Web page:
My Coming Out Story
Teenage Sammy (yes, once upon a time I was Sammy) had not a clue that identifying as anything other than straight was an option. Teenage Sammy thought being queer was a decision for grown adults. Teenage Sammy fought his insecurities and the bullies who preyed on them daily. No one told Teenage Sammy that being different was OK.
I promised myself to never let another teenager or child who sat in front of me to slip through these same cracks, and at JeffHOPE, I unexpectedly had just this opportunity. JeffHOPE comprises a system of student-run acute care clinics that exist within four homeless shelters and one harm-reduction-based needle exchange program every week in Philadelphia.
At this time, I was working at a shelter where I provided screening and counseling services for sexually transmitted infections and pre-exposure prophylaxis for STD prevention (PrEP). No matter the individual job description, however, we all did so much more than that—and the nights I cherished most were spent with the kids and teens who resided at the shelter.
I promised myself to never let another teenager or child who sat in front of me to slip through these same cracks, and at JeffHOPE, I unexpectedly had just this opportunity.
One teenager in the shelter spent many of his nights with the clinic team. He shadowed each of us, learned about our roles and the world of medicine, and mostly just chatted with us about our lives. The two of us instantly bonded. One day, under no special circumstances, he came out to me. On the inside I was screaming out of excitement, ready to share with him all the amazing aspects of being LGBTQIA+. But the budding clinician within me jumped in first.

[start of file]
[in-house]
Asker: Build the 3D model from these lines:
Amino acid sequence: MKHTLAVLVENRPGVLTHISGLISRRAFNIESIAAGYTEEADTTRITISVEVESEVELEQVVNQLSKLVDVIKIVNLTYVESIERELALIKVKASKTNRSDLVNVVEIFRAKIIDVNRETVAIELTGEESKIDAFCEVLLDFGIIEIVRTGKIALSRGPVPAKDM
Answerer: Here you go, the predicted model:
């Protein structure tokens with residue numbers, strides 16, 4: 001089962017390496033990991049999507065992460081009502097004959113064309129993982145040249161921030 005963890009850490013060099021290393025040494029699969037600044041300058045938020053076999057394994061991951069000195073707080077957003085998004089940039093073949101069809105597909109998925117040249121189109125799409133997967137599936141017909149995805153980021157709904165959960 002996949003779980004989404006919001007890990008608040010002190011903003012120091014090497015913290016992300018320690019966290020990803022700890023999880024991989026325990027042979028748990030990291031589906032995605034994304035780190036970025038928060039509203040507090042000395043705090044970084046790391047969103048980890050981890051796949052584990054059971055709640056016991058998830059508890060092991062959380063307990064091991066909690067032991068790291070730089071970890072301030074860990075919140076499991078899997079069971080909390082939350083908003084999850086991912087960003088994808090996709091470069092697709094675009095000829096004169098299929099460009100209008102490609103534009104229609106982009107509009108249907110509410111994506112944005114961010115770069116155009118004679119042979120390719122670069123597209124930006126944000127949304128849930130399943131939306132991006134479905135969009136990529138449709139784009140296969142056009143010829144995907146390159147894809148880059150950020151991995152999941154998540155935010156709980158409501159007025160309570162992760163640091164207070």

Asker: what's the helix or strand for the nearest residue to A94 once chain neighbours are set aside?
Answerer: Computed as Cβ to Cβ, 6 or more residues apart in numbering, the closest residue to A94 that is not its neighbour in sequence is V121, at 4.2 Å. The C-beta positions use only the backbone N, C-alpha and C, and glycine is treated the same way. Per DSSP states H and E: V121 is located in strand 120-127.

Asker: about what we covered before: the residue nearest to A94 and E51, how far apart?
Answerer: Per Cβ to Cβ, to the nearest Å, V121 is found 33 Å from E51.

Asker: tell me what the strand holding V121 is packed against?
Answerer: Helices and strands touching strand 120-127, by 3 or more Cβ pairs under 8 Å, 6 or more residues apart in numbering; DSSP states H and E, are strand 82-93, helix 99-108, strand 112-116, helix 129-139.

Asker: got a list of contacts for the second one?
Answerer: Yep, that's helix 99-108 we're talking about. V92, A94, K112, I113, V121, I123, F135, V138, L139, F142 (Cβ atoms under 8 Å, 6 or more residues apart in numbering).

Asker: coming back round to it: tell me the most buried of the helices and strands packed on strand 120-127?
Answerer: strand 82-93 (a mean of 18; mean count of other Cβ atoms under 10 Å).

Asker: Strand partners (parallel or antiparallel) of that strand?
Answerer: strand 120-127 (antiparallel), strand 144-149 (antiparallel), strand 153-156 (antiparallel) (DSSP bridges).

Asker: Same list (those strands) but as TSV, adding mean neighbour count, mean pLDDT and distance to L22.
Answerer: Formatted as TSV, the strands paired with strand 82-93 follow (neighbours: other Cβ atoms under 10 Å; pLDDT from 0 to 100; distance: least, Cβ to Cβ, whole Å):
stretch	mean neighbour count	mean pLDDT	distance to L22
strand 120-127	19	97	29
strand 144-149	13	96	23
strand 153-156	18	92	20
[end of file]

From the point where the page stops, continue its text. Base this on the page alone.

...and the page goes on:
“Who is your support system?” “Are you out to anyone else?” “Do you feel validated at home?” “Is there enough help for you at school?” “Do you feel safe?”
I wanted to make sure that he felt safe and supported, and I told him that he could always come to me, any time, for questions or guidance. I told him to never let anyone dull his fire. He understood that our world is extremely difficult for queer people—after all, he’s a teenager with access to pop culture and didn’t need a lecture. And when the day finally came for his family to move out, we all felt it in our hearts.
I consider myself absolutely lucky and wholeheartedly recognize the privileges that allowed me to serve as a mentor and friend to this particular teenager. These are the experiences that have fueled my own fire to validate, lift up and inspire LGBTQIA+ kids and teens for the rest of my life. And as the incoming director for another JeffHOPE clinic, I hope to continue my mission to do the same.
Samuel Fels is a student at Sidney Kimmel Medical College.